COLUMBUS, Ohio (AP) — The State Highway Patrol uses drug-sniffing dogs on Ohio stops involving black drivers at a disproportionately higher rate than stops involving whites, accounting for 28 percent of the nearly 17,000 stops where dogs were used from 2013 to 2017, according to records reviewed by The Associated Press.
This disparity is the case even though blacks make up about 13 percent of the population both nationally and in Ohio, and about 14 percent of drivers stopped by the patrol overall in Ohio are black. The patrol made about 5 million total stops during the time period.
While whites represent about 80 percent of Ohioans, about 60 percent of stops where dogs were used involved whites, the patrol data showed.
The patrol produced the data at the request of the AP after a federal appeals court last month criticized the patrol's arrest of a black driver on the Ohio Turnpike in 2014 and tossed evidence used to pull over the driver. The case is expected to return to a federal judge where the man's conviction is likely to be overturned.
The Ohio data is consistent with numerous studies that show blacks are disproportionately punished at every step in cases involving minor drug crimes, said Jolene Forman, a staff attorney for the New York-based Drug Policy Alliance.
"Black people are not only more likely to be stopped, they're more likely to be searched, arrested, convicted, and sentenced, and when they are sentenced they're likely to be sentenced to harsher terms," said Forman.
Last year, University of North Carolina researchers studied traffic stop data in 16 states — including Ohio — and found that with few exceptions law enforcement agencies searched black drivers at higher rates than white.
In Ohio, blacks in most counties are stopped more often than whites, and are more likely to be searched and arrested, according to data on nearly 6.2 million police stops in Ohio from 2010 to 2015 analyzed by the Stanford Open Policing Project. The studies did not specifically study drug dog usage.
In 2013, the American Civil Liberties Union determined black motorists in Illinois were 55 percent more likely than white motorists to be subjected to a drug dog sniff, even though white motorists were 14 percent more likely than black motorists to be found with contraband during searches by police in response to a dog alert.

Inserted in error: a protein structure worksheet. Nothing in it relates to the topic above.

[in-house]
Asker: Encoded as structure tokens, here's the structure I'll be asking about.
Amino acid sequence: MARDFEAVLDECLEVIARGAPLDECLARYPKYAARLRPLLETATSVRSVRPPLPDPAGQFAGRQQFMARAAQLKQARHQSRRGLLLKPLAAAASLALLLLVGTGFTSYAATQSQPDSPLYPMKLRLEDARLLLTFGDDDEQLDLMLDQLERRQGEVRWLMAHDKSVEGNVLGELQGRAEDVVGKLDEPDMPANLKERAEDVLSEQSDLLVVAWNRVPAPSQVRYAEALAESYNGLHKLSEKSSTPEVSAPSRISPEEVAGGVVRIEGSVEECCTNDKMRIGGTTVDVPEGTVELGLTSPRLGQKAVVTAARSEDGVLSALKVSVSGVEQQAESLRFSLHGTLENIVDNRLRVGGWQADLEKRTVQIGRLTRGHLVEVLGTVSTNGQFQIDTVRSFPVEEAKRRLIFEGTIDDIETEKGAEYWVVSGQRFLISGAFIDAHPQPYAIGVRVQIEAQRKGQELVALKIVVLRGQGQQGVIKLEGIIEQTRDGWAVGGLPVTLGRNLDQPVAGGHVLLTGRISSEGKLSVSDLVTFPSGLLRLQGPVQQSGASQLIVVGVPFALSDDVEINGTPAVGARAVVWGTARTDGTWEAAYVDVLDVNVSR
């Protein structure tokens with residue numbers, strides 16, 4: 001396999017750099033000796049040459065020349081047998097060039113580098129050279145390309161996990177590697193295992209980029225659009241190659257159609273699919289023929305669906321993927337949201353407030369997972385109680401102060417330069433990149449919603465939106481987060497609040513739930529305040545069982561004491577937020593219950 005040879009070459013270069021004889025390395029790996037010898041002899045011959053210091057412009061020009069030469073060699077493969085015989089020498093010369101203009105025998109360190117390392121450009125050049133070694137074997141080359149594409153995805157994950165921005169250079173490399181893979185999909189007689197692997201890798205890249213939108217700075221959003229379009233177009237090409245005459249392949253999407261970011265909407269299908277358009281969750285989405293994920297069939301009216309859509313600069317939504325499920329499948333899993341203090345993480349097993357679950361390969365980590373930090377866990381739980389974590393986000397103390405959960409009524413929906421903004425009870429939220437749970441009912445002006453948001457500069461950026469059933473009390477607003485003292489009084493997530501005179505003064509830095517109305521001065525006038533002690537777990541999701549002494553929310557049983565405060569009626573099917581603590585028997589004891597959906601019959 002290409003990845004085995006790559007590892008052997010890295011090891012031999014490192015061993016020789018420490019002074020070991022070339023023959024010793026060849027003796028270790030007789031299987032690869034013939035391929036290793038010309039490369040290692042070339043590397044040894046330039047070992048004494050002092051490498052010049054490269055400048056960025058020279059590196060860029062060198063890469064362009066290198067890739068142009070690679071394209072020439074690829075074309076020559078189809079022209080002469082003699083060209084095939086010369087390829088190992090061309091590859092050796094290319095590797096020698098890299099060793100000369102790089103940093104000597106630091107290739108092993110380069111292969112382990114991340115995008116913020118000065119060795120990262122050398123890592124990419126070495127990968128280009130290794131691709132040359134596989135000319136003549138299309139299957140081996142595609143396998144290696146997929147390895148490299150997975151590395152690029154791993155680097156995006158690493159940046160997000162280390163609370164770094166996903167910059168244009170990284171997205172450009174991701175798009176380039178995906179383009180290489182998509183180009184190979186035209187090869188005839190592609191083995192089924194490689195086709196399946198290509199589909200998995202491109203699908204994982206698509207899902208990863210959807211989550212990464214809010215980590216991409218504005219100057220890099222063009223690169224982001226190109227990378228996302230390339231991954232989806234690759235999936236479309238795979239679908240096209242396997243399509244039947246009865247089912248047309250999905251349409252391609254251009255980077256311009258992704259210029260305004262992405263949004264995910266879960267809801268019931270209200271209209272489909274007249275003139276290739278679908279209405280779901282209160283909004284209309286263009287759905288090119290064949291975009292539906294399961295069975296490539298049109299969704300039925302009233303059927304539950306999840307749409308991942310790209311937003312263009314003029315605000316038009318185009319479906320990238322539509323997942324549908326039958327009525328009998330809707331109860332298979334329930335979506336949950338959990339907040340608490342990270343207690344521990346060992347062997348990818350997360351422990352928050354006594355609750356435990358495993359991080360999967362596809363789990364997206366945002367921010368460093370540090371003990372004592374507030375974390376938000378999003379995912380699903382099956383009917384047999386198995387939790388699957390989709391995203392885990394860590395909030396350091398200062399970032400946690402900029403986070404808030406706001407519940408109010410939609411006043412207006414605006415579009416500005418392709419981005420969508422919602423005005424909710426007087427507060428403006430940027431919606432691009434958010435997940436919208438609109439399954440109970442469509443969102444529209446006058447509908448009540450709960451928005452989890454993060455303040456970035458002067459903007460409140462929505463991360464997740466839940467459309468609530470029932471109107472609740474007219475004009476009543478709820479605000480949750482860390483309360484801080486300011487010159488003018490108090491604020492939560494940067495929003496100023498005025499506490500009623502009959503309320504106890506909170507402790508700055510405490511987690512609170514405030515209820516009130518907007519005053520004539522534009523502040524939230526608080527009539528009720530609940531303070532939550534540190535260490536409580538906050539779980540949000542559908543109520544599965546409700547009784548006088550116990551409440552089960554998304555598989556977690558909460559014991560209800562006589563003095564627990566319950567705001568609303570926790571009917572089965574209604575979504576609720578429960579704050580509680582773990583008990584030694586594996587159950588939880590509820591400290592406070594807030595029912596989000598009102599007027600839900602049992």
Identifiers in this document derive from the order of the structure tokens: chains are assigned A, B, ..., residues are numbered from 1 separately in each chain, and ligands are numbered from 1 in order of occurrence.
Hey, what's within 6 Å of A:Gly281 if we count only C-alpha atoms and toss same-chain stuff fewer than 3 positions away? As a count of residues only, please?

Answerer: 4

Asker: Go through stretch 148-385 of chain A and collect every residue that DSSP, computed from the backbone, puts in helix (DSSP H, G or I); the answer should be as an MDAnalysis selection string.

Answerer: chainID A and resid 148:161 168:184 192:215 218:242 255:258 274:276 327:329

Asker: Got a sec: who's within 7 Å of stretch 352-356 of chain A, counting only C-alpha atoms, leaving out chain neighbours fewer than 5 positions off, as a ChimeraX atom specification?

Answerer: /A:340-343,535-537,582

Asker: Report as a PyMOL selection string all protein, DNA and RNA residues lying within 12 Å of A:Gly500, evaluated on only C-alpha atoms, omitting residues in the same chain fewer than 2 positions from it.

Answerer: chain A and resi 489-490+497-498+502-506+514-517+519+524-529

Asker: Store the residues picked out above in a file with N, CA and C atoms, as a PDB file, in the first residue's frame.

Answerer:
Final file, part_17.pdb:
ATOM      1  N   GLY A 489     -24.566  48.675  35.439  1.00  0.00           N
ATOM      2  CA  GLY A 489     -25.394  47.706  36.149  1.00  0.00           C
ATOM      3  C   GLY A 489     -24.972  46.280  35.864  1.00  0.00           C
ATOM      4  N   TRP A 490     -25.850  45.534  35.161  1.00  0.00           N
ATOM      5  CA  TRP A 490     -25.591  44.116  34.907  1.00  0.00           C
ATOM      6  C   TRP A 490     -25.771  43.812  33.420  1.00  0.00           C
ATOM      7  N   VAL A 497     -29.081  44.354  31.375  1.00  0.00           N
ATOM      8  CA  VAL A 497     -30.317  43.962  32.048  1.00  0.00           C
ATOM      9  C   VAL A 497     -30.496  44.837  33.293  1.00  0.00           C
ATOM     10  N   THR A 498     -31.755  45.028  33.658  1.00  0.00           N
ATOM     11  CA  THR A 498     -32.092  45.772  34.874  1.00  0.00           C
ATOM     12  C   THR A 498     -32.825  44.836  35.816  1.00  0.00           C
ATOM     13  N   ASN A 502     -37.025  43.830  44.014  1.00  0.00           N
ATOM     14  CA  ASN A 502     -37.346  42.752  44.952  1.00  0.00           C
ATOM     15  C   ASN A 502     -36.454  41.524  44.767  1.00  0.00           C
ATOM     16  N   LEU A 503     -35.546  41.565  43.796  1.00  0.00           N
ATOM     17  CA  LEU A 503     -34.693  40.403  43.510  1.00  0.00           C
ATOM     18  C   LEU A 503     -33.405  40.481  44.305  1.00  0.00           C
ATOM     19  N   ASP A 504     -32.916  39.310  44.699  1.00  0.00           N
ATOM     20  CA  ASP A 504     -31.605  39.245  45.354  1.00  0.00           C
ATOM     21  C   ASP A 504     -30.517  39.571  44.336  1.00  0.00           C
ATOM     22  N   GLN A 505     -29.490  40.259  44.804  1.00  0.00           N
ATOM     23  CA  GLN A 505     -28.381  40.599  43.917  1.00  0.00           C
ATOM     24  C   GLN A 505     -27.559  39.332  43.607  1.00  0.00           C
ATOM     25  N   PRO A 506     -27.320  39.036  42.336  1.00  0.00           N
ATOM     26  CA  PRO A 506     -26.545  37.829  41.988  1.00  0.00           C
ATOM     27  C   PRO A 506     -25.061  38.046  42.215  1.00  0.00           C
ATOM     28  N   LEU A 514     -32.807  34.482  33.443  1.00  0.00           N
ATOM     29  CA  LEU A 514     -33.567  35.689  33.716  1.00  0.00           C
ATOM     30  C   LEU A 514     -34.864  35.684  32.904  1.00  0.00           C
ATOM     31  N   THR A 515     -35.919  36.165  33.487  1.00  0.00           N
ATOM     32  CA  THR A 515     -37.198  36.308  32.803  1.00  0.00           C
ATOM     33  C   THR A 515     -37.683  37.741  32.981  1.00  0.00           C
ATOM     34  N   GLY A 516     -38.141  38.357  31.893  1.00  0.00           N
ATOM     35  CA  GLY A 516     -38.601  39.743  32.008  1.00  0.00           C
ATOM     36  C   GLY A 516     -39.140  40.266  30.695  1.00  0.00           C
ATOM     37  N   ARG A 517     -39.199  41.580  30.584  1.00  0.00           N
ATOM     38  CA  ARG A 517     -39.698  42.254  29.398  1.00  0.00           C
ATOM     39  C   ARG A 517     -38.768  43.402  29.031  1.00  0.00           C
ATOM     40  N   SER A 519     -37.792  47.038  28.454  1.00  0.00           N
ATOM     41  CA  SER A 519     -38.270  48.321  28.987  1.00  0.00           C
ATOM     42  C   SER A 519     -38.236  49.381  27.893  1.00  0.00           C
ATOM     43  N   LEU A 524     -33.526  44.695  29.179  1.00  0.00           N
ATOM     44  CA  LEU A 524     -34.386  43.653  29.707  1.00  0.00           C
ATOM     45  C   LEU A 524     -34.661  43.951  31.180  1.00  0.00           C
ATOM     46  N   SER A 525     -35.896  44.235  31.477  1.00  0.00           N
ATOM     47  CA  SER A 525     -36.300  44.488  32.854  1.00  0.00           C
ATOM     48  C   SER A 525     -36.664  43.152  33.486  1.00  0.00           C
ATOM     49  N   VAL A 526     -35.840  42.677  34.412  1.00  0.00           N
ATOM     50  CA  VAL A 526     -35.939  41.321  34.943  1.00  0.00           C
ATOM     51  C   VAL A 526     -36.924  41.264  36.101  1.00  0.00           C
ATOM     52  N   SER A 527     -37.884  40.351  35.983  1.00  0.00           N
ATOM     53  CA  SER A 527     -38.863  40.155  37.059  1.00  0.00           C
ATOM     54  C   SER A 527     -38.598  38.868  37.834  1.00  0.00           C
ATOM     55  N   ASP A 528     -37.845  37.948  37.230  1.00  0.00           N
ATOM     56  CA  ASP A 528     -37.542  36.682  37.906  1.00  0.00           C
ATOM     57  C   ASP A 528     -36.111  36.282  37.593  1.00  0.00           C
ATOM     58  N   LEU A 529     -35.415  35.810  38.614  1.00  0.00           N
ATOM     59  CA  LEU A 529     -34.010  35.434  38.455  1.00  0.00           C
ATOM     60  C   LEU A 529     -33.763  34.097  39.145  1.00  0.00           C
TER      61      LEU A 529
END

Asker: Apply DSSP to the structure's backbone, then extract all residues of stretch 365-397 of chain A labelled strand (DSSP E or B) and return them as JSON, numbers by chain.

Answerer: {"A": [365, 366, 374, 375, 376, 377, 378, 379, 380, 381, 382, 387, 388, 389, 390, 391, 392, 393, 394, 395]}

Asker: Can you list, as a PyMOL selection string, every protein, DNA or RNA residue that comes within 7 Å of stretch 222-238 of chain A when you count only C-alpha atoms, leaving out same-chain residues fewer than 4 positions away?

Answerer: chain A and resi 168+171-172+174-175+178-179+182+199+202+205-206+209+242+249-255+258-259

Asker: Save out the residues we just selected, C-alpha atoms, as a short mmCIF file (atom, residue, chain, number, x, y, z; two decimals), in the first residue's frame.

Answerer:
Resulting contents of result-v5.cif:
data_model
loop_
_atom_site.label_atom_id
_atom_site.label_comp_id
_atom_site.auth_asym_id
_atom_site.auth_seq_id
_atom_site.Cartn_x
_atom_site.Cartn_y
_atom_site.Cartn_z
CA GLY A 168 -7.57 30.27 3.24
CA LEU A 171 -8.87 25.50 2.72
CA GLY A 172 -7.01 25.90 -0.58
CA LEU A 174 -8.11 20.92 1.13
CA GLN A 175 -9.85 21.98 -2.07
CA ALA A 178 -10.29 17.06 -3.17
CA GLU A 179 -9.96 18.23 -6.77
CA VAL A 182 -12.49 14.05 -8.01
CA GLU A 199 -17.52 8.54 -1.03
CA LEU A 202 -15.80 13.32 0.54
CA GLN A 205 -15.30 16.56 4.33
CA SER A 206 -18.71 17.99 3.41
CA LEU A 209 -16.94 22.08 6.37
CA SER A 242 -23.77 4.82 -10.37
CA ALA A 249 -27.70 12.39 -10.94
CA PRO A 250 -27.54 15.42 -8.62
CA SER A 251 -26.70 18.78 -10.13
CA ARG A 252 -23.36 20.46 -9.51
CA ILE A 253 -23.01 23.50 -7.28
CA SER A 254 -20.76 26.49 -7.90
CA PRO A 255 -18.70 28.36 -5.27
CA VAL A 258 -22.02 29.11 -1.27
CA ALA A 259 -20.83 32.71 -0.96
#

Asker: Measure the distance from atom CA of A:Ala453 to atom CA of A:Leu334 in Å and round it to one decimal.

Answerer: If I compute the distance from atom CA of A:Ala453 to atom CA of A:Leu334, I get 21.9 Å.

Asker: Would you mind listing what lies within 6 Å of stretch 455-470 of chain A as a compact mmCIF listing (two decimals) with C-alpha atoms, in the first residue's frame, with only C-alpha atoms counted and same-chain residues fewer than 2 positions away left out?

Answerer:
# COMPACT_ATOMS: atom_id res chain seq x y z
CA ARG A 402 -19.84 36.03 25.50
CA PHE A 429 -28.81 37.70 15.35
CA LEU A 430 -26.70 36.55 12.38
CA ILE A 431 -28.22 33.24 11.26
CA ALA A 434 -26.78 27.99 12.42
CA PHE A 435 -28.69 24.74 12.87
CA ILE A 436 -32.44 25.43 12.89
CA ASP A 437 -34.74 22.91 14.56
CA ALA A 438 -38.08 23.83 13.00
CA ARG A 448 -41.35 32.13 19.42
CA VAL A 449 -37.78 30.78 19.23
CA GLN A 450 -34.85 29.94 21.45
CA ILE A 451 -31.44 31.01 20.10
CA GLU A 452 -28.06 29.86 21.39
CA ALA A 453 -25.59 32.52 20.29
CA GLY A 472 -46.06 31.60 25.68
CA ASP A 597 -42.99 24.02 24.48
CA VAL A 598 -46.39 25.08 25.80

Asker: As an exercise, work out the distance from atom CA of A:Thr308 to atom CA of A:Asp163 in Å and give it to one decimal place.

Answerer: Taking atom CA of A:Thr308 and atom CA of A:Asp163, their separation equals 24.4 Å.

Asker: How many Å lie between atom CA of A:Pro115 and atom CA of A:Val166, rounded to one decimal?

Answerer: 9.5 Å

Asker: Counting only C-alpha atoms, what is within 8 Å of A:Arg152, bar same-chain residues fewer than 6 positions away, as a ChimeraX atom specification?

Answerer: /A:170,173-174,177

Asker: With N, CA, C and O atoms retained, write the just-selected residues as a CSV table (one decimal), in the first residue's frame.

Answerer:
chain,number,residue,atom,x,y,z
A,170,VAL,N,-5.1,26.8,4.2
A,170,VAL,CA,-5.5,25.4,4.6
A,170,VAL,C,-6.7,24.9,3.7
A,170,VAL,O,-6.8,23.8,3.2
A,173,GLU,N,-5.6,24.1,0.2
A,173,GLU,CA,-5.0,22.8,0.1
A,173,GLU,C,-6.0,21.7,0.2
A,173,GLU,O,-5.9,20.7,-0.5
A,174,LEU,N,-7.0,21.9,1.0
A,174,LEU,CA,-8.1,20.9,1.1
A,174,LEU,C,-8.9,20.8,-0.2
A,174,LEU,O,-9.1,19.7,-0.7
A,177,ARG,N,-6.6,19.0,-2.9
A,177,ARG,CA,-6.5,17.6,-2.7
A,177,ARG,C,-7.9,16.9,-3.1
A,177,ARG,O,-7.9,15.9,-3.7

In the Ohio court ruling, the 6th U.S. Circuit Court of Appeals questioned the initial evidence that Trooper Adam Hartford used to pull over driver Tyrone Warfield in 2014. The court also noted a second trooper's testimony at a hearing on Nov. 5, 2015, that he took a drug-sniffing dog more often to stops with minorities.
"Out of the last year that you have performed a drug dog walk-around, is it fair to say that more times than not that has been with a person that was a minority?" Donna Grill, a Warfield defense attorney, asked trooper Eric Stroud during a hearing.
"Yes," Stroud replied, according to a transcript of the hearing.
The patrol says race doesn't play a role in the use of dogs.
"Drug sniffing canines are deployed based upon the presence of criminal indicators, not race," said patrol spokesman Lt. Robert Sellers. Those indicators could include the origin, destination and length of trips, visible contents in cars, odors, statements by occupants and other factors.
Once a dog is used, a "positive alert" means the odor of narcotics has been detected, but that does not necessarily mean drugs are in a vehicle, Sellers said. The patrol says it doesn't track the outcome of dog usage, because a positive alert is only one factor leading to an arrest on drug charges. Patrol dog usage could include dogs borrowed from non-patrol agencies.
In Ohio, the patrol studies its traffic stop data and trooper actions monthly, quarterly, annually and every two years to ensure a bias-free operation, Sellers said.
Warfield, of Chicago, was on the Ohio Turnpike when he was stopped for allegedly driving outside his lane, according to court records. Over the next few minutes, he was unsuccessfully tested for drunken driving, questioned about trafficking in untaxed cigarettes and suspected of drug activity.
Eventually, Warfield was arrested based on dozens of debit and credit cards found in his car and later convicted of a counterfeit charge.
Warfield completed a two-month prison sentence in November and is on two years of supervised release.
The Constitution does not give officers the power to "overpolice" minorities based on suspicious behavior, the appeals court said in ruling against the evidence used to pull Warfield over.
"The use of a drug dog — whose only function is to search for illegal drugs — makes this seem less like an investigation into untaxed cigarettes and more like a fishing expedition," the court said.
Associated Press Writer John Seewer in Toledo and AP data editor Meghan Hoyer in Washington, D.C., contributed to this report.